“Oh my God!” She quietly exclaimed as she held my card in her hand. “Y’all are pledging, too?”
She smiled as we looked at each other, unsure of what to do.
“Well, babies,” she began. “I know y’all can’t talk to me, but don’t worry about it. You just do your thing. It’ll all be over soon enough.”
We couldn’t help but to smile at Kathy, as she was the first person to really wish us good luck in the process.
“Yeah, babies,” she said as she swiped Ed’s card through the reader. “I seen a lot of young men – and ladies – be on line throughout the years. Y’all will be just fine.”
If you liked what you read and want to know what happens next, please purchase Lazarus today!
1) Where did you get the idea for the series of Lazarus, Covenant, & Epiphany?
2) Did it all come to you in one big idea? Or a little bit at a time, and that’s how it became 3 books. — Rico W.
The story of the Lazarus Trilogy began with a question: What would happen if the star basketball player got into a relationship with the most popular young man on campus?
That idea became a play that I wrote in 2000 called Behind Closed Doors, and later named Discretion. It was the story of a slightly different (yet familiar) Adrian Collins who was living with a basketball player named Isaiah, while dealing with mild Post Traumatic Stress Disorder from having been hazed and literally beaten off line from Beta Chi Phi. (Although he was still initiated into the fraternity, he was viewed as an outcast for being gay.)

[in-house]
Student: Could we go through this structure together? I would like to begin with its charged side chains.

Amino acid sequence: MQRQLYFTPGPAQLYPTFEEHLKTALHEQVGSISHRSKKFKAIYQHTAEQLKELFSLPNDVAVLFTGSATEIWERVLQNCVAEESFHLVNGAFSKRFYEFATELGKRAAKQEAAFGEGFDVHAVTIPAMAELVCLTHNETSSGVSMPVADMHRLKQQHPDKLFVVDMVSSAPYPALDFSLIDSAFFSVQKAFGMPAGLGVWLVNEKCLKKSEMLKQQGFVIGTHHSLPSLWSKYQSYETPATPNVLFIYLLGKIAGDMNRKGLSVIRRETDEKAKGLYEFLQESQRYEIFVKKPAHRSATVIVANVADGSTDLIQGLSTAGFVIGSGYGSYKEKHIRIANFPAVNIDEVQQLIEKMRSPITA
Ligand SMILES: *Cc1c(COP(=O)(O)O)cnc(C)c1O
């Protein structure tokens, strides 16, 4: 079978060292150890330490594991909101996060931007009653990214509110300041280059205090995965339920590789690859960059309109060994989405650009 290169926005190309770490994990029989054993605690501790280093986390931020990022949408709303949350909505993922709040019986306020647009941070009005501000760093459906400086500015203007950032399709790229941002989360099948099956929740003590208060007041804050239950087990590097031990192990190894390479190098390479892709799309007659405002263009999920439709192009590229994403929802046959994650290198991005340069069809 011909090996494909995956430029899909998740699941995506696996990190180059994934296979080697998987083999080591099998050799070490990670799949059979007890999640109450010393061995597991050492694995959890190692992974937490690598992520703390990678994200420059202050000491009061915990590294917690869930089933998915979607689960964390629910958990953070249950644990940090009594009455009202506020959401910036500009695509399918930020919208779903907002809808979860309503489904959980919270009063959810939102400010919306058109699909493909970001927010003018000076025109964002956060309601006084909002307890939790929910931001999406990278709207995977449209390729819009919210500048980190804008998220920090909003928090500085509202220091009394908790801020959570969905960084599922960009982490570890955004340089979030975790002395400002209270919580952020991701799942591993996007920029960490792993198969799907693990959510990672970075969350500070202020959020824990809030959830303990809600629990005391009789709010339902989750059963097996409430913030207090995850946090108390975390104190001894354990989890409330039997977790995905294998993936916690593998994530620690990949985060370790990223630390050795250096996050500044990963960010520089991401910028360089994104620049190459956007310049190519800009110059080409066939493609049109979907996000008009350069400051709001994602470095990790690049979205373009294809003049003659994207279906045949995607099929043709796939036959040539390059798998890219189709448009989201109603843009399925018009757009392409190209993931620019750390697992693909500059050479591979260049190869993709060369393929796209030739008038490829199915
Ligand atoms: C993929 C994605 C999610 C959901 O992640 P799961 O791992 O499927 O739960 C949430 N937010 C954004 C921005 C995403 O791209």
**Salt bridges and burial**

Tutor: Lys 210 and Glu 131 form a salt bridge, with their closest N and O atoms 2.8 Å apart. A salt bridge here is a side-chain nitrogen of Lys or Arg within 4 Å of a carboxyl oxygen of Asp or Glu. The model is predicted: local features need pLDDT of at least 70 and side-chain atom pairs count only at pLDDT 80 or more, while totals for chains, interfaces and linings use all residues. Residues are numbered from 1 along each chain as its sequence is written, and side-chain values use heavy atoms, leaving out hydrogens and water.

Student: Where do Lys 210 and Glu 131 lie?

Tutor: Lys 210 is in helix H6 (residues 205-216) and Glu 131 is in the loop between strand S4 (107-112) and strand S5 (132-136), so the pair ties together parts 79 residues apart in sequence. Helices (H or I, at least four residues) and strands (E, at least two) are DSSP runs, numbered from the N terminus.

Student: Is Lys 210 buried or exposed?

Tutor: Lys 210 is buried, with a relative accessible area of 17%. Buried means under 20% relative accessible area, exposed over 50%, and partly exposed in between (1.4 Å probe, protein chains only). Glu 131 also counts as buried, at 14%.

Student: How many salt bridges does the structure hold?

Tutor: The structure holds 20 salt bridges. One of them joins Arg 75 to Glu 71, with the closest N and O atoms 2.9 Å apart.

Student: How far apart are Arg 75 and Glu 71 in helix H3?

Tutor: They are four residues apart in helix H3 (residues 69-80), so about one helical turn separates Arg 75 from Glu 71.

In the midst of this story, he falls in love with Isaiah and deals with his ex-boyfriend Carlos, who he lost while pledging.
When the play was finished, I tried to stage a reading, but only my friends Maya (RIP) and Amerie showed up to help out. On top of that, my mentor at the time, Dennis Williams, said the play was good, but he wanted to know more about Carlos the ex-boyfriend and about the pledging process.